The number of online shoppers has grown in Hong Kong, according to a newly released GfK Retail to e-tail survey.
The number of people who use the Web to shop has grown from 218,000 in 2002 to 1.38 million in 2012 and this tremendous growth is attributed to an increase in consumers who use personal computers, smartphones and media tablets in Hong Kong.
Technology and availability of these screens has encouraged more customers to shop online as it saves them from standing in queues and other problems associated with purchasing from brick and mortar shops.
The GfK Retail to e-tail survey was conducted earlier this year via online questionnaire and includes responses from interviewees aged between 18 to 65 years.
Gen Y or people born in the mid-1980's and later have shown the highest level of adoption for using smartphone for online shopping.
"Intensifying migration to 3G / 4G LTE networks of smart mobile devices, added to the increasing adoption of larger screen sized smartphones which facilitate ease of usage have greatly fuelled the growth momentum of mobile commerce, much to the delight of retailers and new startups," said Walter Leung.
Research before purchase
Fifty-four percent of the respondents used at least three platforms to do their research before making a decision to purchase stuff online. Typically, customers turn to search engines, social media and discussion forums to get more information about the product they want to buy.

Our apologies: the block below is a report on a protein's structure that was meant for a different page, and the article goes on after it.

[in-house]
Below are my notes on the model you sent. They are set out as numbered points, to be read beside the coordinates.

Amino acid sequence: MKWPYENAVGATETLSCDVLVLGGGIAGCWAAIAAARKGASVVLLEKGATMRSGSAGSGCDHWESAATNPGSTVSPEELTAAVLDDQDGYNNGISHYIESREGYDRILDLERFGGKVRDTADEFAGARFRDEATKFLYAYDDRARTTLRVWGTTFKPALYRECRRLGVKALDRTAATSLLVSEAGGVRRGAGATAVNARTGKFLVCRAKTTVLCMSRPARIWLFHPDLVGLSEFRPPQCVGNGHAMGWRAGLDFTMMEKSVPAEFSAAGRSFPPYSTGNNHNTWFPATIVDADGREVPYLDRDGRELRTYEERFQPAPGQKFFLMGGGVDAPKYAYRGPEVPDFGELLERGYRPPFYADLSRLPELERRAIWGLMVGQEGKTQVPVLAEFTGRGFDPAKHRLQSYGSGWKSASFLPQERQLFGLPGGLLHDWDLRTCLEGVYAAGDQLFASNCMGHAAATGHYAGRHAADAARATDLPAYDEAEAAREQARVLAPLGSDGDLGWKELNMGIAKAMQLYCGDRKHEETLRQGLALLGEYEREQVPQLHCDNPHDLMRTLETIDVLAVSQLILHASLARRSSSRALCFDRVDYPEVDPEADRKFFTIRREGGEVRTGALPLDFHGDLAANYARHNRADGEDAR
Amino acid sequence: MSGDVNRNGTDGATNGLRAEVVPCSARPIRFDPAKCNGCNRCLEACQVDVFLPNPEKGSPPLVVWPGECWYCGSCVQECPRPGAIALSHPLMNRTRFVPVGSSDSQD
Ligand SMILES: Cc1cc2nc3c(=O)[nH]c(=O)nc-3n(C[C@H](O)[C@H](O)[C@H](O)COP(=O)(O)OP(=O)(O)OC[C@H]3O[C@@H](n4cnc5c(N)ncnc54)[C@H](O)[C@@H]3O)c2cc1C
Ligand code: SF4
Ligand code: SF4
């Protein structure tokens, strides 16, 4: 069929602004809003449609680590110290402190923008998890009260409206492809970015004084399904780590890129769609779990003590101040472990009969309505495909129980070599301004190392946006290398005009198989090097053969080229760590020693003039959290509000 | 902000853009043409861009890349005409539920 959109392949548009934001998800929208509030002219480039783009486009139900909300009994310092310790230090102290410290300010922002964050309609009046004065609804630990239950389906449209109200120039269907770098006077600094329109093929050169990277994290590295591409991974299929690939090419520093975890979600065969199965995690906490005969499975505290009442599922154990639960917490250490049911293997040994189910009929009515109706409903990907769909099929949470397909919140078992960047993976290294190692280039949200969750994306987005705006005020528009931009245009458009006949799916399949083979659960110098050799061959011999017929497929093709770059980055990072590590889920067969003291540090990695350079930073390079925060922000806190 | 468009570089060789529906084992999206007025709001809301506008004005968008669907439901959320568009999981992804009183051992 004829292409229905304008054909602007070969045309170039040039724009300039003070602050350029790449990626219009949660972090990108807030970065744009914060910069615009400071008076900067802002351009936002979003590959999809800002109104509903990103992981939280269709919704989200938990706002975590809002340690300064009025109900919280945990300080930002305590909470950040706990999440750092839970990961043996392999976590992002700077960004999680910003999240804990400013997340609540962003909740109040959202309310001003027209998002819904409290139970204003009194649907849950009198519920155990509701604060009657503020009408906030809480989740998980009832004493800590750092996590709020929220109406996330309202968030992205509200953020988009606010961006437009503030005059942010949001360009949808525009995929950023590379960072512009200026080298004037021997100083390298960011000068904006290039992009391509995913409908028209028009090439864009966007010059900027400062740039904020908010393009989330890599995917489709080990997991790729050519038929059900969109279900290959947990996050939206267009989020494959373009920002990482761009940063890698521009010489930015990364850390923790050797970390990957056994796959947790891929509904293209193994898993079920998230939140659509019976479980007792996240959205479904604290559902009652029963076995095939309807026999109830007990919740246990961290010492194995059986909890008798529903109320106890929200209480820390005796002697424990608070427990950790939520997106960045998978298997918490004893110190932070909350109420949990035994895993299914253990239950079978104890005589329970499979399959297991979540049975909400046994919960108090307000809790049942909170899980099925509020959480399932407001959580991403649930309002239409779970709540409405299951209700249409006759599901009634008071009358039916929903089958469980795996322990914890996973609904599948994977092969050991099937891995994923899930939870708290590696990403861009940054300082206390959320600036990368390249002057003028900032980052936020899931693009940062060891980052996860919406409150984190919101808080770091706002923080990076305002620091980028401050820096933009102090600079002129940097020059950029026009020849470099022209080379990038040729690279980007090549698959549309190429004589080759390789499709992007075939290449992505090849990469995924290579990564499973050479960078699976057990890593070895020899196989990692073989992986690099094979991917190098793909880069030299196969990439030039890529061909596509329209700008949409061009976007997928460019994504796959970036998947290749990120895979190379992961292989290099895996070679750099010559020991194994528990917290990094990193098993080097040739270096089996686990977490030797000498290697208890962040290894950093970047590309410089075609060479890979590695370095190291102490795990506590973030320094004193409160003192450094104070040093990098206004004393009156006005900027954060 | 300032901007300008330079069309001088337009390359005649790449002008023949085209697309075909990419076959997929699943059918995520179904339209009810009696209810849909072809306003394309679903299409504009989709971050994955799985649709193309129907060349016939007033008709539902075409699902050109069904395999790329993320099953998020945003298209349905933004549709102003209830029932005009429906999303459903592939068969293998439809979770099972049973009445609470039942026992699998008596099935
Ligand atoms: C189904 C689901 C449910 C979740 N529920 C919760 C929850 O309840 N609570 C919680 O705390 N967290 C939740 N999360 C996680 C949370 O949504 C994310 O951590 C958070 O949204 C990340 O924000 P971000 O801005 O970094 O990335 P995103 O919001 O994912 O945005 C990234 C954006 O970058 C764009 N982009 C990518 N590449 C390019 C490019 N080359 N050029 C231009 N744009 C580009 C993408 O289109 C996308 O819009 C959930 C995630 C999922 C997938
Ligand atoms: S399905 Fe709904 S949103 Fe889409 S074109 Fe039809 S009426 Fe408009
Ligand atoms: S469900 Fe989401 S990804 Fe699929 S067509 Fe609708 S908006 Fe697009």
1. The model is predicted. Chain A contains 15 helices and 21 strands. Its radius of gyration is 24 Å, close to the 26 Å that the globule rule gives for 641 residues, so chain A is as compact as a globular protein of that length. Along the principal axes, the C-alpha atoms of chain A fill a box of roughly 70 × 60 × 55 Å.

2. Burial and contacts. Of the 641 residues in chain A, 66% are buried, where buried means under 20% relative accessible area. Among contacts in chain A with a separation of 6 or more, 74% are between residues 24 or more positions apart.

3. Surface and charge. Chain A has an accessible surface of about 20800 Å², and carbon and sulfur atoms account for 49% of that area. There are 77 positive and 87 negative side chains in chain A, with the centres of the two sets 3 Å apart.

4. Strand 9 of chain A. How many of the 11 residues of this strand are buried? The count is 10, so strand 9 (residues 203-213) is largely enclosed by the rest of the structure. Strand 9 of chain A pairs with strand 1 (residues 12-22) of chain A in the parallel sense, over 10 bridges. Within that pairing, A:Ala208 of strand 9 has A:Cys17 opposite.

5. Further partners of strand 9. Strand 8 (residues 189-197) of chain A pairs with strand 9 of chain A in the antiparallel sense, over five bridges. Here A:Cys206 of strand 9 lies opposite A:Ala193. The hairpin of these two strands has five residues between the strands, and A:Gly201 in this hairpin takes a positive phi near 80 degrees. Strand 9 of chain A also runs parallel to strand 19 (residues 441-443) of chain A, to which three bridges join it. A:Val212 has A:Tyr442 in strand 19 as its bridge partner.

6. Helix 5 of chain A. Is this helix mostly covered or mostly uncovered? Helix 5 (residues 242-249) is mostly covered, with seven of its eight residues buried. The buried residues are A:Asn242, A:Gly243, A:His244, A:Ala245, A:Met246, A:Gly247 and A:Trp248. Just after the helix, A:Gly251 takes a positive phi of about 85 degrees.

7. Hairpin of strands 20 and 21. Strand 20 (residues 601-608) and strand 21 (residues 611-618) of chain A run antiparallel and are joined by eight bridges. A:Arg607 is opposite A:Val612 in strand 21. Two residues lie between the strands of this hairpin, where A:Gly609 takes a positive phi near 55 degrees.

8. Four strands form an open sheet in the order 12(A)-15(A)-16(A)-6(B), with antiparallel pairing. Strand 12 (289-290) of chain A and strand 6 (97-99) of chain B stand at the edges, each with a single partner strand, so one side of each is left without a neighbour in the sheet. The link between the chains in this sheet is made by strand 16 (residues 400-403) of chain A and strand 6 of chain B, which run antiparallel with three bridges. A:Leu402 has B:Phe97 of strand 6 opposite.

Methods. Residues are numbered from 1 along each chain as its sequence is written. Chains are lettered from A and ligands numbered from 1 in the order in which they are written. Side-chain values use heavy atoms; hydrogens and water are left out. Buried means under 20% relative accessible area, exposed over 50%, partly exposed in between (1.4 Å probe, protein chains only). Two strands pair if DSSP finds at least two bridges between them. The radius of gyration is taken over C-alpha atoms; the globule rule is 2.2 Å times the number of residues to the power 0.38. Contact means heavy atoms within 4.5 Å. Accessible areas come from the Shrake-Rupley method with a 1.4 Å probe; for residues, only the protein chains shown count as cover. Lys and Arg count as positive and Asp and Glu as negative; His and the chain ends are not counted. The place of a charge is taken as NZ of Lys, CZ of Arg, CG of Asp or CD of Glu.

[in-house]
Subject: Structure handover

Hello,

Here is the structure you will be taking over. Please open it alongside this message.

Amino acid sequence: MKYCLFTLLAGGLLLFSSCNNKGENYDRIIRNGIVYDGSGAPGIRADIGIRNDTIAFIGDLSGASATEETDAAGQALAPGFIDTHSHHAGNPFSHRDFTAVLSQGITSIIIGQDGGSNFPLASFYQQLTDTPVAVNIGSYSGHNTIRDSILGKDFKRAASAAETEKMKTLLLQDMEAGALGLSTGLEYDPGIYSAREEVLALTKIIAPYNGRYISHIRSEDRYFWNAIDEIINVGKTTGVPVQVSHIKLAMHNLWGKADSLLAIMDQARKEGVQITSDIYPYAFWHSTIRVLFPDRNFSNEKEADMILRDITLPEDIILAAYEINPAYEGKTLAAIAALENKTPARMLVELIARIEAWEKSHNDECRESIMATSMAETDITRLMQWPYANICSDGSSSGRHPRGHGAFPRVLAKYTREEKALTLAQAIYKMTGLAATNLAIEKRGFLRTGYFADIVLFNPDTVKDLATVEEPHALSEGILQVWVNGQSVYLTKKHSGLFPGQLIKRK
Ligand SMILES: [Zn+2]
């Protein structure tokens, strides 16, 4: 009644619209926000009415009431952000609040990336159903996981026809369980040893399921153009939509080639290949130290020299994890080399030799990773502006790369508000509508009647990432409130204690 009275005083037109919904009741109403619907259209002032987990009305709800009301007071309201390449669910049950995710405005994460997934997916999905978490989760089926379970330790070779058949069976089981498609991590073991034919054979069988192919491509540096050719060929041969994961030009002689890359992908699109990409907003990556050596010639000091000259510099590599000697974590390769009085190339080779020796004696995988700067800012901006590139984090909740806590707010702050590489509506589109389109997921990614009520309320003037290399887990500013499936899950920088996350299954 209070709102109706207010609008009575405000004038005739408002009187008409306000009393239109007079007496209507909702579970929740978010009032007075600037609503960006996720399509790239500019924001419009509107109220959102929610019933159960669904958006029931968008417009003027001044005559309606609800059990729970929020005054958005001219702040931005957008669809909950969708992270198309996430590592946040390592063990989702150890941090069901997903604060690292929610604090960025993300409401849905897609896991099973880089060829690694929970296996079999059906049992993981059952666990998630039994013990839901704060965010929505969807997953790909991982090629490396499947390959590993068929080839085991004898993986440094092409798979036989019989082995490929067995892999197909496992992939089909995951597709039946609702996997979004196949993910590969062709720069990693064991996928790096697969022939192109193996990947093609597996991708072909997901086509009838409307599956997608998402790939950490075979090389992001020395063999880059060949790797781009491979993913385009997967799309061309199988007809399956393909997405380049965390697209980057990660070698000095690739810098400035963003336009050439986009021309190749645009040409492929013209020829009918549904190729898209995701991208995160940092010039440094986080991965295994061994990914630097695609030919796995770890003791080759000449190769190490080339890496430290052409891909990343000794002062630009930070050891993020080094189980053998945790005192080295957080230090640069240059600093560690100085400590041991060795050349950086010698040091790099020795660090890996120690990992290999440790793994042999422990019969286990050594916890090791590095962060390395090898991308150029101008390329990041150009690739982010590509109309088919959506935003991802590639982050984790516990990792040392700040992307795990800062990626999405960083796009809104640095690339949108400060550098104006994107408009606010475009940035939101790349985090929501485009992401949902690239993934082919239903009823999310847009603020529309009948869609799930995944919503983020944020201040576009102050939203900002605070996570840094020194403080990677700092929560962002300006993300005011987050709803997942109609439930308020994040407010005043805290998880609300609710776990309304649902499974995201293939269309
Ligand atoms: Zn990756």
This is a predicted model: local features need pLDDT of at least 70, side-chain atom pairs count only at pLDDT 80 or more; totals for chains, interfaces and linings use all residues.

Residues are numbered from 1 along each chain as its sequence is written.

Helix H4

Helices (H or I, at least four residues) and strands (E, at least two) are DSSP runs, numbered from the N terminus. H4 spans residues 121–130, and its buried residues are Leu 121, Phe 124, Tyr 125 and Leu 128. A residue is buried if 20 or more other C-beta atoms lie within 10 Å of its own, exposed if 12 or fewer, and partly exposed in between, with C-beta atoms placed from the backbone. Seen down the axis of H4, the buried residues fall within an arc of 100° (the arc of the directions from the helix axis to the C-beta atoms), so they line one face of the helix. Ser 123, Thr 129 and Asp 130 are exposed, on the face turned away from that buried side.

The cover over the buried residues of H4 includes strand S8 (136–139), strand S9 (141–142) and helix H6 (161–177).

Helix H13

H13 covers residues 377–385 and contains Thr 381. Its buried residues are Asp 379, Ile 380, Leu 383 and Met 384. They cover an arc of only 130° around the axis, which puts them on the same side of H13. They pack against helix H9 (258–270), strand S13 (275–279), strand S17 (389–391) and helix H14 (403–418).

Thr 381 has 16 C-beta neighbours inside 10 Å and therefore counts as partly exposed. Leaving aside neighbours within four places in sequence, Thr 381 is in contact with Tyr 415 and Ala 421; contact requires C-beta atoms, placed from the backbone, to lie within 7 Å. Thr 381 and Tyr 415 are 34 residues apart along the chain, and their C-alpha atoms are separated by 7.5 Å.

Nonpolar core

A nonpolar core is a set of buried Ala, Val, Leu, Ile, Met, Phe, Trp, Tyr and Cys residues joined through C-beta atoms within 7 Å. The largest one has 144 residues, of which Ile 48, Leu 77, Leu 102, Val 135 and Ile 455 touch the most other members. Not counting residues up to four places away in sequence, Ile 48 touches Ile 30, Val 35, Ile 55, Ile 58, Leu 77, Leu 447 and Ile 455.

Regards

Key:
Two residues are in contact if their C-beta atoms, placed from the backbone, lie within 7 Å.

More than four in five online shoppers used either their laptop or desktop computer; more than half used smartphones; and 40 percent used their media tablets to make online purchases.
Clothing, accessories, and shoes are the top three online shopping categories followed by handbags, facial skincare products and books. Other popular products are hotels, flight tickets, and electronic products.
Research shows that one third of the online shoppers spent around US$25-US$64 during each transaction, and this amount was spent mainly on clothing, accessories and shoes.
More than 80 percent of the total online purchases of local consumers recorded in the survey are for items which cost below US$128.
"To enter into e-tail business, a good e-commerce strategy is needed, but it is not the ticket to success," added Leung. "Marketers need to be more visionary and innovative to capitalise on the opportunity by optimising all the influential touch points in the whole purchase journey and develop a holistic commerce strategy in the digital world."